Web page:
Is that it then? Not an answer to the question at the outset but a resetting of what that question should have meant, namely, a suggestive outline (formed via the differentials of cinematic resistance to theory) that the reader must complete by refraction through his or her own imagination? As regards answering with one philosophy of filmic thinking, yes, that’s all folks. But as regards the practice of further cinema theory, perhaps there could be more.

… Alain Badiou is fond of reciting the end of Beckett’s Unnameable with respect to the paradox of eventual action (pursuing an action whose justification must be a self-fulfilling prophecy): ‘You must go on, I can’t go on, I will go on.’ With respect to philosophers, however, the only certainty is that they do always go on.

… what makes philosophy different is that its nominated problems are whichever ones refuse and refute unanimity at any one time. Out of this conflict of times we glimpse the shape that every thought has as its form; and this form is nothing less than the complexity of its own movements, which include its resistances. These resistances give us a glimpse of thinking, its form as movement against our movements. And, finally, this also gives every philosophy, including the philosophy of film, a nascent shape, created in the interference between contrary movements.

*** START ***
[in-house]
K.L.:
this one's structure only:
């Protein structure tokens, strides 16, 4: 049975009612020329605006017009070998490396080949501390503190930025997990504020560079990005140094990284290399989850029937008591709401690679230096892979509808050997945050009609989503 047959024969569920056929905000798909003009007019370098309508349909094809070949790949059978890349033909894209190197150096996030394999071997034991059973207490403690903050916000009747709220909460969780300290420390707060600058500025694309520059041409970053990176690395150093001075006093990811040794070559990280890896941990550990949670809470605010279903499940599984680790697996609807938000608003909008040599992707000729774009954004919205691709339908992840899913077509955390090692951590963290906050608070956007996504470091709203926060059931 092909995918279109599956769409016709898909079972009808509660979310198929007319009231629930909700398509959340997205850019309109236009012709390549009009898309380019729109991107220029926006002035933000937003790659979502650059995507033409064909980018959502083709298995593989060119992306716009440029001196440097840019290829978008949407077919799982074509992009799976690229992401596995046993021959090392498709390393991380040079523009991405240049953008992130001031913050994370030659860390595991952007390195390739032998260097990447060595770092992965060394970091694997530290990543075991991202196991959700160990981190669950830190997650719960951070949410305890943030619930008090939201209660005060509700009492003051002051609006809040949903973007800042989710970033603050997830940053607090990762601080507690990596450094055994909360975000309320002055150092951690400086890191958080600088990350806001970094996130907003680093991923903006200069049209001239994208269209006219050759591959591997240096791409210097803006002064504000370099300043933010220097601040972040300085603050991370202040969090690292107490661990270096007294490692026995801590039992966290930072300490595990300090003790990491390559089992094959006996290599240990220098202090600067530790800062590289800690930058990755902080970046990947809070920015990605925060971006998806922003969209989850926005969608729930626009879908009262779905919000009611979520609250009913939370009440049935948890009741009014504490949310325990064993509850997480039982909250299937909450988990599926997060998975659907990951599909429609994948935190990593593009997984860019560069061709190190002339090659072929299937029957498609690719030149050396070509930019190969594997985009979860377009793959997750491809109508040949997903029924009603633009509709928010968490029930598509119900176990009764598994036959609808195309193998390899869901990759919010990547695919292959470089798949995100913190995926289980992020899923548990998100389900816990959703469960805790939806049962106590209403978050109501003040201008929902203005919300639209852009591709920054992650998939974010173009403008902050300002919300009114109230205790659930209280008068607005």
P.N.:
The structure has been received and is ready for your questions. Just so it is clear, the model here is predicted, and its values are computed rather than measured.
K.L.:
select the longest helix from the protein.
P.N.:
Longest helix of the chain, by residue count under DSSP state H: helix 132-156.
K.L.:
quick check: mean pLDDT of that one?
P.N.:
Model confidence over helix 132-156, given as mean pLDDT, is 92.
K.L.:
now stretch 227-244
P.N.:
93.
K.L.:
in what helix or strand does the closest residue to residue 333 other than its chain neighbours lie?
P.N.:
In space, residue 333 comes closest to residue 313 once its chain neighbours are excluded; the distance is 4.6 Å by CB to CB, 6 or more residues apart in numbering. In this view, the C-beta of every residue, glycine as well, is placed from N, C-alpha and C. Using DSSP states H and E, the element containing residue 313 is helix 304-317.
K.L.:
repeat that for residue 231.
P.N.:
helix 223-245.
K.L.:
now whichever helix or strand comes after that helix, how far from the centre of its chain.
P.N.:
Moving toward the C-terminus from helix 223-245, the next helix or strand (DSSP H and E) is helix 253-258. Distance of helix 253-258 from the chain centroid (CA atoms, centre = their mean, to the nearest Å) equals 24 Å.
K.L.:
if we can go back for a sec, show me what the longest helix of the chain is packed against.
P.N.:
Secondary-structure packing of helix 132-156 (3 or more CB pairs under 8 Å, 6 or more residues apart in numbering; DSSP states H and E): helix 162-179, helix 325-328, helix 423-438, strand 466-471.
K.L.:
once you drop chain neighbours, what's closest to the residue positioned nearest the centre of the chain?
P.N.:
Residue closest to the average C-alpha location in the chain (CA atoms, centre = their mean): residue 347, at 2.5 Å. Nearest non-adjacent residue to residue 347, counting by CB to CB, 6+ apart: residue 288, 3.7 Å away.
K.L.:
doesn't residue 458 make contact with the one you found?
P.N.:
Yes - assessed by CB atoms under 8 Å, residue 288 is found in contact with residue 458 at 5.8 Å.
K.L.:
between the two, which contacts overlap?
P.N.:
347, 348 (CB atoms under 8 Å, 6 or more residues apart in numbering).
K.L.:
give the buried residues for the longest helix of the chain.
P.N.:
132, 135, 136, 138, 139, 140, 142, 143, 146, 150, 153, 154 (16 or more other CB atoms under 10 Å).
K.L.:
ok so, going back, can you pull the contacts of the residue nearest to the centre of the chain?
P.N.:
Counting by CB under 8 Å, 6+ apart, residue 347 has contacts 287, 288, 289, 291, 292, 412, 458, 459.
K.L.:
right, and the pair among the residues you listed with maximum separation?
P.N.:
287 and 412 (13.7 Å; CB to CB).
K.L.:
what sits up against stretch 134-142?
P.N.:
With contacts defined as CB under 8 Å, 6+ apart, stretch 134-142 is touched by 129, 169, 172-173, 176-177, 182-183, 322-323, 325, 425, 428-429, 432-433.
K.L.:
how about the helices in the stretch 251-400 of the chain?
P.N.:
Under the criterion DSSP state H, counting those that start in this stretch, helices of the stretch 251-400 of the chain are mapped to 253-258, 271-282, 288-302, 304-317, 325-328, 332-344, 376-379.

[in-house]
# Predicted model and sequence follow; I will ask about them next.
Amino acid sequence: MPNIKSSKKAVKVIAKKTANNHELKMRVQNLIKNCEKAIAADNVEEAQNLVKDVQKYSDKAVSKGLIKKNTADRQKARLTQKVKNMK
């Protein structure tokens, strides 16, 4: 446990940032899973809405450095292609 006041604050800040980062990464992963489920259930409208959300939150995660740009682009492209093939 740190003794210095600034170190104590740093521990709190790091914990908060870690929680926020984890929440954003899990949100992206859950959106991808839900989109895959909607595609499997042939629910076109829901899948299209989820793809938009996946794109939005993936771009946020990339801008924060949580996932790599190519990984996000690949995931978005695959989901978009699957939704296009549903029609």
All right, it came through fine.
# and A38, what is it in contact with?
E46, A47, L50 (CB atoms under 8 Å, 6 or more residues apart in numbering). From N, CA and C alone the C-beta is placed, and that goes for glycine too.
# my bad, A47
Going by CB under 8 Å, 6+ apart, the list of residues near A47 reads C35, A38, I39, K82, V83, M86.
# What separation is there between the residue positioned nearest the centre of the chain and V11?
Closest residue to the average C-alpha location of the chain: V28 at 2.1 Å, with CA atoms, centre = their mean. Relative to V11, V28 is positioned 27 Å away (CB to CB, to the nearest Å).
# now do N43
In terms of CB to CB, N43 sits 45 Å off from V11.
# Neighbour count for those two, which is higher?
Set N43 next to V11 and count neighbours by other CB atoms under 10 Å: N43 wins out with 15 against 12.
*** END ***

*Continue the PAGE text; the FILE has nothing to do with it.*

… What Rick Altman writes of cinema — that it is ‘constituted by a continuing interchange, neither beginning nor ending at any specific point’ — must also be true of philosophical thought. Philosophy is the continual interchange or refraction between itself and its other.

My most recent previous post from Mullarkey’s book is here.

-Julie

http://www.unrealnature.com/

 

November 12, 2014

Consumed and Thrown Away

Filed under: Uncategorized — unrealnature @ 5:51 am

… the ‘cult’ value of the picture was effectively abolished when photographs became so common as to be unremarkable; when they were items of passing interest with no residual value, to be consumed and thrown away.

… It was no longer a privilege to be pictured but the burden of a new class of the surveilled.

This is from the Introduction to The Burden of Representation: Essays on Photographies and Histories by John Tagg (1993):